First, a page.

Review: On Golden Pond misses a golden opportunity at the Barth

It's always a treat to attend a play in the antique and elegant lobby of the Barth Hotel, one of fourteen residences maintained for elderly and disabled people by the nonprofit Senior Housing Options. In the past, the money from these annual fundraisers has been used to provide emergency kits and upgrade technology for the residents; this year's proceeds will go for needed capital projects. In some ways, On Golden Pond is a perfect choice for the venue. It depicts the slow, sometimes wise and sometimes graceless aging of a long-term couple struggling to understand the meaning of their lives. But the action, as the title suggests, is bathed in a golden nostalgic light -- and that light is not always illuminating.

As the show opens, Norman and Ethel Thayer are moving back into their summer house in Maine. Every summer for 48 years, he's come here to fish and she to putter around, read, gather strawberries. This, their last visit, represents a slow, gentle fading. There's just a tiny bit of conflict. When daughter Chelsea -- who's 42 with a couple of failed relationships behind her -- arrives with her new boyfriend, Bill, and his teenage son, Billy, we learn that she harbors a great deal of anger toward her father. It's never clear quite why, though she does remember him calling her fat and ignoring her when she was young. But if the guy's a curmudgeon, he appears to be a lovable one. Chelsea's angry with her mother, too, for not standing up for her. Was charming Ethel cold toward her daughter? We'll never know -- but if she had been, it would certainly have made for a richer and more interesting plot. The problem with this 1979 script is that although Norman and Ethel are endearing, there's nothing particularly interesting about their lives. Most of the time you're watching cute bickering that feels like the dialogue in an above-average sitcom: She calls him an old poop; he likes to willfully misunderstand her.

Chelsea and Bill leave young Billy with Norman and Ethel and set out for a trip to Europe. You can't help feeling sorry for the lad. Golden Pond, despite the strawberries down the road and the ever-present family of loons on the water, must be a boring place for a teenager -- especially compared to Europe. No girls, no other kids his age, no movies. But Billy does bond with Norman -- at which point it becomes blindingly clear that Norman's big problem with his daughter is that he wanted a son all along. So when she returns and sees what has happened, does she weep, rage, rationalize? Get a little angry with her new stepson though she knows it's not his fault? Have the emotional generosity to bask in her father's new warmth, even if it's not directed toward herself? She doesn't do any of this -- she can't, because her character isn't fully developed. There's no real interaction between her and young Billy, either, none of the frictions and pleasures of trying to get to know another human being who's just become family. When she and his father decide to get married while in Europe, they don't even bother to call and tell the kid ahead of time.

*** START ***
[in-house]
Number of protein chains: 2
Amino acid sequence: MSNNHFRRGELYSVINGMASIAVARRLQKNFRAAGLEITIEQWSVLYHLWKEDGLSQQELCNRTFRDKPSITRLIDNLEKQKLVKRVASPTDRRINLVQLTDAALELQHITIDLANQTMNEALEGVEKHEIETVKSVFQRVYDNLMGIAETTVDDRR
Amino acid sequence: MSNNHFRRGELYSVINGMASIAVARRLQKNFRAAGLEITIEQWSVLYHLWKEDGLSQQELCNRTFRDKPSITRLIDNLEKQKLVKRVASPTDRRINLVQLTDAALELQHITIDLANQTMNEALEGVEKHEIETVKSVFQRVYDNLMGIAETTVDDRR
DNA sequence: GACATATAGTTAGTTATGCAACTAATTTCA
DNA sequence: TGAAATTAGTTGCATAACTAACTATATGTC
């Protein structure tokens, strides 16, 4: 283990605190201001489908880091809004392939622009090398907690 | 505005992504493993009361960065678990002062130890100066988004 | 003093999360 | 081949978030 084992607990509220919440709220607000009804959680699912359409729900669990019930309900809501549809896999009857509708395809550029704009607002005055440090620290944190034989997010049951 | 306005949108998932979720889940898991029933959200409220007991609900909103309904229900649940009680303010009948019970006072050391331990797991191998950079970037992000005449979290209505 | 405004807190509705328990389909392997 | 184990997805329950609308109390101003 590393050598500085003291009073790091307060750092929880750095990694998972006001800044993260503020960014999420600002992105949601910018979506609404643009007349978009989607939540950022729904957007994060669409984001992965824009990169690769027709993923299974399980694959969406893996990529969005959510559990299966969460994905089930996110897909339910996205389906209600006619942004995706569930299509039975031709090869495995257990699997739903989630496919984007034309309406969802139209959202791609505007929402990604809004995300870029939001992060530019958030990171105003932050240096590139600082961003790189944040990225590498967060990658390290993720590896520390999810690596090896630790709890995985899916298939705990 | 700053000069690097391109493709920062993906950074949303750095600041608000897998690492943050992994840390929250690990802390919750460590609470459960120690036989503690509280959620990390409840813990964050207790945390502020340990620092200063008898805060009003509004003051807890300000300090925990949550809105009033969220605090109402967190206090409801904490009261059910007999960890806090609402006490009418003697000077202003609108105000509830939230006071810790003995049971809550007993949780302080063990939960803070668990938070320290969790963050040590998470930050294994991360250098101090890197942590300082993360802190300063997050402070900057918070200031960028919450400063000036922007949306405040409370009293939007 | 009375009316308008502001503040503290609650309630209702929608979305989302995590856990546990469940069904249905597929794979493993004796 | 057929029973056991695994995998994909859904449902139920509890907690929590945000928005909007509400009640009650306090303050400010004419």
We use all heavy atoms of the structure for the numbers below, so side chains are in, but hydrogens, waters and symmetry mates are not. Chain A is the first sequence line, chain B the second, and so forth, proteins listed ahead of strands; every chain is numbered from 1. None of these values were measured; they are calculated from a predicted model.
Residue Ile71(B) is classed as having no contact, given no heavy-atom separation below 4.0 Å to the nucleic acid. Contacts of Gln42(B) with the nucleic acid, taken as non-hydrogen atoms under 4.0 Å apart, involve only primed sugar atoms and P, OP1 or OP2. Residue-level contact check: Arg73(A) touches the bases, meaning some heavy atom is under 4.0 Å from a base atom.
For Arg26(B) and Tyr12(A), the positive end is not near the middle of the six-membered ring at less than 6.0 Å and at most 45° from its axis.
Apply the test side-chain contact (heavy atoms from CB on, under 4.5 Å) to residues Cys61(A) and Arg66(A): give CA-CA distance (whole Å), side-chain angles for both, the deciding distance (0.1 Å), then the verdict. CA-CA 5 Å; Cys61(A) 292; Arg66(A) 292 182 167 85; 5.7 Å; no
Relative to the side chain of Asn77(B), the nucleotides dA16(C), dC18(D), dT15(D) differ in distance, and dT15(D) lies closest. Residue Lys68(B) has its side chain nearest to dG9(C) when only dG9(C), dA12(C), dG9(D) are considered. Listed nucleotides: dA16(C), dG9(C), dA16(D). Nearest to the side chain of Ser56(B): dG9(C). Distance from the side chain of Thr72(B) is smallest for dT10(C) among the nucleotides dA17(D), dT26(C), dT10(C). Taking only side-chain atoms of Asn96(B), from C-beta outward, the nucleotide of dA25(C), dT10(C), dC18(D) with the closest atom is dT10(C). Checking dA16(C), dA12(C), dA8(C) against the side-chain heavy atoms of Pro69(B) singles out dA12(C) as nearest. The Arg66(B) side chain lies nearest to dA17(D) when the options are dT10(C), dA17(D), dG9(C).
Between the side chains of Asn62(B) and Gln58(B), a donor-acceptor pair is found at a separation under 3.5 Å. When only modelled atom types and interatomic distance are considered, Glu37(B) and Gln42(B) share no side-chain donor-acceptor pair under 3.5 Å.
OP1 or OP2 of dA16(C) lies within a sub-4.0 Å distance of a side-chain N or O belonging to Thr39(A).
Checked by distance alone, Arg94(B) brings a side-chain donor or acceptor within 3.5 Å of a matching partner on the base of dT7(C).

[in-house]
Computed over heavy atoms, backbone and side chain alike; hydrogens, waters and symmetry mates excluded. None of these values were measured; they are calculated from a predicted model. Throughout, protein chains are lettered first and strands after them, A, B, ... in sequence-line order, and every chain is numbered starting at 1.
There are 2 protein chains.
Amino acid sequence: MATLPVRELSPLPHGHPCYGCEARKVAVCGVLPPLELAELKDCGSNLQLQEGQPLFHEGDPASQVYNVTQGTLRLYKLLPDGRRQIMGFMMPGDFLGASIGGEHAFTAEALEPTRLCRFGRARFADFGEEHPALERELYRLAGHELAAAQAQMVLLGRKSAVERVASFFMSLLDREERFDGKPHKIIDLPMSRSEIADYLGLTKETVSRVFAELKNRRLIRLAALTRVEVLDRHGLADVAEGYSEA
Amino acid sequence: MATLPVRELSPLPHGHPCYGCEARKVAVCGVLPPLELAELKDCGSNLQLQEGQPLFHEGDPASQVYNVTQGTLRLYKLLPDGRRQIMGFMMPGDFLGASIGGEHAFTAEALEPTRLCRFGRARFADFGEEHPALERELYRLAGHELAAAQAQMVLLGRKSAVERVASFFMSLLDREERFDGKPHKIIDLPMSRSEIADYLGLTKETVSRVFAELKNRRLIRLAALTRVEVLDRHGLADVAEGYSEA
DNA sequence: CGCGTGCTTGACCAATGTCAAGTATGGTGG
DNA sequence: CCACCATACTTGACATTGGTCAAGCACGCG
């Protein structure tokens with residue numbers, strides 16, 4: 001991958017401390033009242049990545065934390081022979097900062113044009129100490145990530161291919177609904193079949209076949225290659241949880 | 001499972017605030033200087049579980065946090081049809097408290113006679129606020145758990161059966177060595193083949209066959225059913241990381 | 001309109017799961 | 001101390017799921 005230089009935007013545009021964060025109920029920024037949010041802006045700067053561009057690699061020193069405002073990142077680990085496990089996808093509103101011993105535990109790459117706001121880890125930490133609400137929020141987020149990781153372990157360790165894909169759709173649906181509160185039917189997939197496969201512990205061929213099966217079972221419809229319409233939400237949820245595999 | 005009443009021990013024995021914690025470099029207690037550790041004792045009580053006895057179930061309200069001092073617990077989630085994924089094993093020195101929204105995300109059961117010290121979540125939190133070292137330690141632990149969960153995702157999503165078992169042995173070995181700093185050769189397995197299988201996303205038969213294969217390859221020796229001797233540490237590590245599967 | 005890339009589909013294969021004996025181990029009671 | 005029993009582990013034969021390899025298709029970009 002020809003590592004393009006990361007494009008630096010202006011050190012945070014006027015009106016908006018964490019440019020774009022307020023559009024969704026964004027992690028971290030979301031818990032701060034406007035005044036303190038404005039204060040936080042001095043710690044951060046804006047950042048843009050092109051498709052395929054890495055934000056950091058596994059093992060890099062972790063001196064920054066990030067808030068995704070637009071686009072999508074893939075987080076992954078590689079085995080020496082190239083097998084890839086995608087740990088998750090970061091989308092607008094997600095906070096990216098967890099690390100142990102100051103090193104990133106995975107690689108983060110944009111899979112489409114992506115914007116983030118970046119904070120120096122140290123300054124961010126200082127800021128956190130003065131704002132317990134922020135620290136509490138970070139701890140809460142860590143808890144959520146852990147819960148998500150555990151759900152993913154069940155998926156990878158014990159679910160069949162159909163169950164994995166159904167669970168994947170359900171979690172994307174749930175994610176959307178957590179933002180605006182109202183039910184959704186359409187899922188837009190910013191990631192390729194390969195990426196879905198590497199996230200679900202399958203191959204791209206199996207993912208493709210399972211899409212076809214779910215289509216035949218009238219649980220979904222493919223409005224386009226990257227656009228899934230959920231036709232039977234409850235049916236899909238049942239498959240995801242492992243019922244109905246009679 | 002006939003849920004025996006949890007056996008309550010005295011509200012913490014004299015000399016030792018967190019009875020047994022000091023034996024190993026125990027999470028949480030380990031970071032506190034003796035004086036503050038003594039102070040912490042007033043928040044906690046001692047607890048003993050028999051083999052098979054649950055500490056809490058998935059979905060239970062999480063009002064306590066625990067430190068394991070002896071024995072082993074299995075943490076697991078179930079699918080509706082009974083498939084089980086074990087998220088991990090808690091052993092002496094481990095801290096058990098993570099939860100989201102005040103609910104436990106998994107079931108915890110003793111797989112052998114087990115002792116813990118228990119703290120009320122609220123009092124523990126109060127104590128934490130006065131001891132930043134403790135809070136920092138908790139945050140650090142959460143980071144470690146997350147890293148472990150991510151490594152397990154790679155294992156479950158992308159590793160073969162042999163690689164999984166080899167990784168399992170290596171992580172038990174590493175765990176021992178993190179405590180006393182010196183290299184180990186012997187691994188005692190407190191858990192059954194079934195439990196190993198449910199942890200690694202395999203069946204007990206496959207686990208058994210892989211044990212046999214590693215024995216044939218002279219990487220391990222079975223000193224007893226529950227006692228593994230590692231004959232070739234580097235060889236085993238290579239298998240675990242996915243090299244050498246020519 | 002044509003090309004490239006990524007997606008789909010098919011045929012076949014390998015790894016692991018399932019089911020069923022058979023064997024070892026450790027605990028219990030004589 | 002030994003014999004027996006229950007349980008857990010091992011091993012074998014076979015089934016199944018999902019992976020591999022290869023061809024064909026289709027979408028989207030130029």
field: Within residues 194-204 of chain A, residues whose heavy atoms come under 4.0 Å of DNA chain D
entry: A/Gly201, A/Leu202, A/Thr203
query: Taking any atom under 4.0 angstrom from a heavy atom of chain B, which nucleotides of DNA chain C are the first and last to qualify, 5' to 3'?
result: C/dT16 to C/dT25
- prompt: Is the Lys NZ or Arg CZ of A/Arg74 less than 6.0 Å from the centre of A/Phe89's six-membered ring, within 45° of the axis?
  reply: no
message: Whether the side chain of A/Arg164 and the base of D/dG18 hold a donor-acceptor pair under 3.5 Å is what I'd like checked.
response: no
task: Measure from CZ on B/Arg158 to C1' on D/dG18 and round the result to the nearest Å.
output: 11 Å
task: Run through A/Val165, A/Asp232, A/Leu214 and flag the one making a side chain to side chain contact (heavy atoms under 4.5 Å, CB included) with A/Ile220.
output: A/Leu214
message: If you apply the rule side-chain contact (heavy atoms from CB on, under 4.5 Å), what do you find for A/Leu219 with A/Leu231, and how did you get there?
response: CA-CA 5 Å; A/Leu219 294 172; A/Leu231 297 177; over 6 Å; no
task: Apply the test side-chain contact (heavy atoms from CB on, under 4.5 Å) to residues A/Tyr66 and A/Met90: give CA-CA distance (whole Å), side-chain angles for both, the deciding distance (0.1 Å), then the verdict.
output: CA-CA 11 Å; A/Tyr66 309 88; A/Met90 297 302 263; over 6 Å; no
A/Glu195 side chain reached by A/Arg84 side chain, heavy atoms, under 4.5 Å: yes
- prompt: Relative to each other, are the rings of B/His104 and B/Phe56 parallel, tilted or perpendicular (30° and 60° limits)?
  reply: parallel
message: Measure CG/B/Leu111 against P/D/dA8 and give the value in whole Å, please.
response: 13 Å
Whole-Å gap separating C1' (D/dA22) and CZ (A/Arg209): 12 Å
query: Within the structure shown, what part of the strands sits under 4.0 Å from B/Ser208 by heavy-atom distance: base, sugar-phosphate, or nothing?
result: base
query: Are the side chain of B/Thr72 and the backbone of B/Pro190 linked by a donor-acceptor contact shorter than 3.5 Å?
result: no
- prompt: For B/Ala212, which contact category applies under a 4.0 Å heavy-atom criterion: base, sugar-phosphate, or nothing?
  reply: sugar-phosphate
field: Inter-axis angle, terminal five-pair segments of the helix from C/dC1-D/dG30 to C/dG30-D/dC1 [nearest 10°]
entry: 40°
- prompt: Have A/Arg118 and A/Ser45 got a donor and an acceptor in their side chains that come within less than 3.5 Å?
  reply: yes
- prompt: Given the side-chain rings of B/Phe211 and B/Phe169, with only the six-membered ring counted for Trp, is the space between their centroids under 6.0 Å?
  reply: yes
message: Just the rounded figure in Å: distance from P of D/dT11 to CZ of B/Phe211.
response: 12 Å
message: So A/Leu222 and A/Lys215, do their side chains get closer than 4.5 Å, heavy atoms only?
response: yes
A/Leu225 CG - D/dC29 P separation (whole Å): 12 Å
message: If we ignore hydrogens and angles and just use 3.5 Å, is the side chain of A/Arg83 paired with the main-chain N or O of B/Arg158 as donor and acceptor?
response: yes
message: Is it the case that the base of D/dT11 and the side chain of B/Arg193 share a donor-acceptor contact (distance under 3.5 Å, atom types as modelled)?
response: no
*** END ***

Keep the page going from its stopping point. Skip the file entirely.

The 1981 film On Golden Pond got a lot of attention because of the star power of its actors. Henry Fonda had never worked with Katharine Hepburn before the two played the Thayers. Jane Fonda was Chelsea, and it was well known that she and her father had been estranged. According to the gossip, this magical film brought them together. The result was three Oscars (for Hepburn, Henry Fonda and playwright Ernest Thompson, who adapted his work for the screen). In this production, Lawrence Hecht does a magnificent turn as Norman, though his humorous charm leaves Tara Falk -- who plays Chelsea effectively -- without a worthy opponent. Billie McBride hits all the right notes as Ethel, spry and little against her large, lumbering mate. There are also solid performances from Jon Fortmiller as Charlie, a childhood friend with a crush on Chelsea; Drew Horwitz as Bill; and Shem Brown as young Billy. But neither these performances nor hallowed-by-Hollywood memories can ransom a turgid script.

On Golden Pond is at the Barth Hotel, 1514 17th Street, through August 30. For tickets, call 303-595-4464, ext. 10 or go to

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Juliet Wittman is an investigative reporter and critic with a passion for theater, literature, social justice and food. She has reviewed theater for Westword for over a decade; for many years, she also reviewed memoirs for the Washington Post. She has won several journalism awards and published essays and short stories in literary magazines. Her novel, Stocker's Kitchen, can be obtained at select local bookstores and on Amazon.
Contact: Juliet Wittman